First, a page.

As with other items within this series, Saint Lawrence Giving Alms combines figurative and architectural content. The Saint is positioned centrally, surrounded by a number of local people, one of whom is sat on the ground in front of him. He looks stunning in a bright, highly detailed outfit which immediately captures our eye. We then look further back and see a number of stone columns which lead all the way to the back of the painting. Before those is a face to the left and right which allows the artist to incorporate some artistic touches on the walls on the nearest side of the building. Fra Angelico liked to contrast with the plain tones of the stone work with brighter colours for the clothing of each figure, regardless of their significance within the overall painting. The Chapel of Saint Nicholas V remains a popular venue in the present day and is sometimes known by the alternative name of the Niccoline Chapel.

Pope Nicholas V requested this chapel to be built and decorated to give him somewhere to pray alone and in secrecy. He served as Pope until his death in 1455, just a few years after the frescoes were completed and he served in this prominent role within the Catholic Church for around eight years in total. As a mark of his importance, he would also have his own portrait produced by Peter Paul Rubens in around 1610 and his spirit lives on through the work of Fra Angelico and his assistants. This was a Pope who was particularly interested in art and cultural pursuits, more generally. He organised a new library within the Vatican and would keep some of its finest items to himself. The work produced for him by Fra Angelico has also been described by some as amongst the most impressive across his entire career, perhaps aided by the creative freedom afforded to him by the Pope who would put forward the themes to be covered in the series, but allowed the artists to formulate the compositions themselves.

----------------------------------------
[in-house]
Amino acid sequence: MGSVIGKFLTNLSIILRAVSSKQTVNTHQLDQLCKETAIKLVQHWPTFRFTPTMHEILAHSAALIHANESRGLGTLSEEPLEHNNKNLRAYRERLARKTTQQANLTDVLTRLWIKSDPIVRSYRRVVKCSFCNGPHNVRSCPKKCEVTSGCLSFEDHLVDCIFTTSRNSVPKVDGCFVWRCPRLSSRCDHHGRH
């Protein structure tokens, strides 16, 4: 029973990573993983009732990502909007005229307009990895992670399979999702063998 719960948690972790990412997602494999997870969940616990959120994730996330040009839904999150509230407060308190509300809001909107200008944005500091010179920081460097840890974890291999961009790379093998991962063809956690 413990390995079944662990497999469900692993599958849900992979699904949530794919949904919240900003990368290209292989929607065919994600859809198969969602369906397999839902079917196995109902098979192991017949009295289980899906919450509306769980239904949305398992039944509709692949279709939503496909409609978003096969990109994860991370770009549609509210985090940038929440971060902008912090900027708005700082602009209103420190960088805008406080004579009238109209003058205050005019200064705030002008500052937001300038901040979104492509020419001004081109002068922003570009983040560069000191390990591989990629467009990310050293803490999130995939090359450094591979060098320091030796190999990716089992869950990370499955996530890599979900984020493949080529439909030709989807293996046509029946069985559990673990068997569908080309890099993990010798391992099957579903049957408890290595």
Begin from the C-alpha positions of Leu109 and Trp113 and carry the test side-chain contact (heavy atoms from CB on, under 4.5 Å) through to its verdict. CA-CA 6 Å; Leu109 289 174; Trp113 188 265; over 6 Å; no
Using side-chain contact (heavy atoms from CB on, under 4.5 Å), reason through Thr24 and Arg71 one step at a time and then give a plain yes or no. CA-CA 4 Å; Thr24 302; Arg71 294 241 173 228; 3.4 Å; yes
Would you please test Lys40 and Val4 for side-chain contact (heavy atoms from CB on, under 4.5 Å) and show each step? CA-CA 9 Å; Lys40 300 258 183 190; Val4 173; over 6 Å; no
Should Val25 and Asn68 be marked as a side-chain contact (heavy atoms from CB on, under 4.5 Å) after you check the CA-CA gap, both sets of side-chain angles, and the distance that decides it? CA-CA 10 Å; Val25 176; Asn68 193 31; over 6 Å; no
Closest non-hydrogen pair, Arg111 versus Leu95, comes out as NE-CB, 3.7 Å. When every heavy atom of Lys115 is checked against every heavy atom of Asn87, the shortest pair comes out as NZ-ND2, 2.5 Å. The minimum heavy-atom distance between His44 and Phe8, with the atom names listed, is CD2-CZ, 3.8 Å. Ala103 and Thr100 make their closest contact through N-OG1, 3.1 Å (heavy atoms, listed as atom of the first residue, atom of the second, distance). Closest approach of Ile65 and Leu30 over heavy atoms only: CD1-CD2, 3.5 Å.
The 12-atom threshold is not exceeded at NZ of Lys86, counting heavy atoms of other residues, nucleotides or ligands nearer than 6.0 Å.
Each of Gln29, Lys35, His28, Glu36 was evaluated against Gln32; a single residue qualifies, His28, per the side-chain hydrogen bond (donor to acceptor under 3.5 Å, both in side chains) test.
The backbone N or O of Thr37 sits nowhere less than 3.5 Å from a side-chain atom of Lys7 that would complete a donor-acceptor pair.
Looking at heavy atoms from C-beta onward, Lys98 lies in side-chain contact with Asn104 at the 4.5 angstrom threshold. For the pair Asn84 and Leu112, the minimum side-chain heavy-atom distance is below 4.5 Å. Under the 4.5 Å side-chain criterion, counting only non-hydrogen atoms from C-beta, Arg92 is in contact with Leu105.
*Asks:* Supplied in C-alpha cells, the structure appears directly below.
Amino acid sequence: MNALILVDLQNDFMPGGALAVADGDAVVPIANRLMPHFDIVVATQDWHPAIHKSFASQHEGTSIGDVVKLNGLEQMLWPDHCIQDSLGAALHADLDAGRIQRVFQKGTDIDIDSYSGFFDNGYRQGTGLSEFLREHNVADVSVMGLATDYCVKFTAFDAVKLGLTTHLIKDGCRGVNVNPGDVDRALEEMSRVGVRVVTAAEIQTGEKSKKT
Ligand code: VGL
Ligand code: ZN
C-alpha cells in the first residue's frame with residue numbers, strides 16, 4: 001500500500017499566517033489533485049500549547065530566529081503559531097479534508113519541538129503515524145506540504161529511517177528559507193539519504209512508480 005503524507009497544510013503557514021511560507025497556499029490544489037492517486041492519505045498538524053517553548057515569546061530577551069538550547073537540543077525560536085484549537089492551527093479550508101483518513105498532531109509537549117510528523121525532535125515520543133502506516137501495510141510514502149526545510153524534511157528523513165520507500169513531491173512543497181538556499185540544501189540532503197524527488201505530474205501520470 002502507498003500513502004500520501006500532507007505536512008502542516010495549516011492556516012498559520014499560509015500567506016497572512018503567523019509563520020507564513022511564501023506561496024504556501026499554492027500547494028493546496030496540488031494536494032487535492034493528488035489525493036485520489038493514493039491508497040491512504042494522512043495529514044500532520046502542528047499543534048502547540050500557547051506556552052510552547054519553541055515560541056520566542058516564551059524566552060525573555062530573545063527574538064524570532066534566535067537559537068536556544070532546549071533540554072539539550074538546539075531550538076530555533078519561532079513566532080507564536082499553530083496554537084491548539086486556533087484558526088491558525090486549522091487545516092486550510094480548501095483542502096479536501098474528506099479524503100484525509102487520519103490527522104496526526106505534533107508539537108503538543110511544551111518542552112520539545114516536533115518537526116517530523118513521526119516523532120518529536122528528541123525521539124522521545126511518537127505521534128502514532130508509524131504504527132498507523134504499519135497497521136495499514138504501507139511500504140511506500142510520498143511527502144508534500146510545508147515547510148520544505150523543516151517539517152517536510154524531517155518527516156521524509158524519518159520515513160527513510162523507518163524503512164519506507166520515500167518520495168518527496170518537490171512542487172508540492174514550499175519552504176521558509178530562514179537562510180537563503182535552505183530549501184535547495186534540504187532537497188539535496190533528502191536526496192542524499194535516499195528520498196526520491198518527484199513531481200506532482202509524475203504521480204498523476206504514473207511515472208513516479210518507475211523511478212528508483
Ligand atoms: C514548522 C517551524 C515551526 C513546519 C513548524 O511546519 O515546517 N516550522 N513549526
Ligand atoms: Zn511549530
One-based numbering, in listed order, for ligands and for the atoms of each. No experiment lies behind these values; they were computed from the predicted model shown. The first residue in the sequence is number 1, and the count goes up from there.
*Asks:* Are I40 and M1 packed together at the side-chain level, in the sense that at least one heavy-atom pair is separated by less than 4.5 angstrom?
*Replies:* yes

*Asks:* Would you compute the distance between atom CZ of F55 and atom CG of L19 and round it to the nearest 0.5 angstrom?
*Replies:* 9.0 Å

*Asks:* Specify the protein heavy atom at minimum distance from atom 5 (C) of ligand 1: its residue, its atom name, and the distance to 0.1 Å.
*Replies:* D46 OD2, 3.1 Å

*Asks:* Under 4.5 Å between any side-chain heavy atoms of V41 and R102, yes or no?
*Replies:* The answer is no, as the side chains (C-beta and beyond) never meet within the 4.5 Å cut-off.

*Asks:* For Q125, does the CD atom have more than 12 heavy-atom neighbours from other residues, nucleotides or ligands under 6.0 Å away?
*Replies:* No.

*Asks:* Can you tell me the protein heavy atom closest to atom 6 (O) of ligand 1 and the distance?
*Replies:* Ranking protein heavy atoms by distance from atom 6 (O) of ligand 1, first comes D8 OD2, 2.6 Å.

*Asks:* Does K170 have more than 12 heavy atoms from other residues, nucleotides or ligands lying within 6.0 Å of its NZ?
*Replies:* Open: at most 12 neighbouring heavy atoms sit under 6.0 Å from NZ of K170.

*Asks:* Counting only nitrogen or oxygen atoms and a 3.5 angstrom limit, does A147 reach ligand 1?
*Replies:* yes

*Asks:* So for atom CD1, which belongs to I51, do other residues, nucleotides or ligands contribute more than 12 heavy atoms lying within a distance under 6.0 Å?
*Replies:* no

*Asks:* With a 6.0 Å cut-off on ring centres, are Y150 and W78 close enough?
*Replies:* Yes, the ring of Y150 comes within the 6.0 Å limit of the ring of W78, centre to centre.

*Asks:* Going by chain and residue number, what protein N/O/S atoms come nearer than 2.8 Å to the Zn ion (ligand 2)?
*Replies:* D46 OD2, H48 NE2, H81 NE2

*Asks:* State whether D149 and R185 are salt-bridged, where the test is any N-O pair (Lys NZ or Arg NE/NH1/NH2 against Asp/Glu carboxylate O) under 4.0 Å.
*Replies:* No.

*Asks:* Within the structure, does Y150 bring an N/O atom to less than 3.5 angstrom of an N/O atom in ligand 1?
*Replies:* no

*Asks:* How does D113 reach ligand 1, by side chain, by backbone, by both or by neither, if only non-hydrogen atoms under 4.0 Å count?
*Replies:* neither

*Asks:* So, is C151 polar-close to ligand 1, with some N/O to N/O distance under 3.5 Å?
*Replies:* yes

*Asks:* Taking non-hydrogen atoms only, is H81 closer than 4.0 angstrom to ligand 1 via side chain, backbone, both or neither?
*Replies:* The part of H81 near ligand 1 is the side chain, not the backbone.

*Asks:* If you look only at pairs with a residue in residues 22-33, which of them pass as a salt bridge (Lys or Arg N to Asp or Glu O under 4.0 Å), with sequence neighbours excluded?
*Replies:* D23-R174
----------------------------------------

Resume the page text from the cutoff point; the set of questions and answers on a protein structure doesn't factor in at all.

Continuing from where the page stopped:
The artist, in collaboration with his assistants, would feature the life of Saint Lawrence several times within the fresco series. Some of the other scenes included Ordination of Saint Lawrence and Saint Lawrence Receiving the Treasures of the Church from Pope Sixtus II. They purposely follow a consistent stylistic approach in order for the final project to fuse together seamlessly, also tweaked to suit the intricate details of the building in which they were added. Thankfully, the prominent status of the Vatican city itself has ensured that all artworks within it have been preserved and restored several times over the past few centuries so that tourists today can enjoy them almost in the same way in which they would have appeared during the Pope's own lifetime. He passed away just a few years after the project was completed, but would have had several years to pray in private here, no doubt appreciative of the work completed by the Italian master.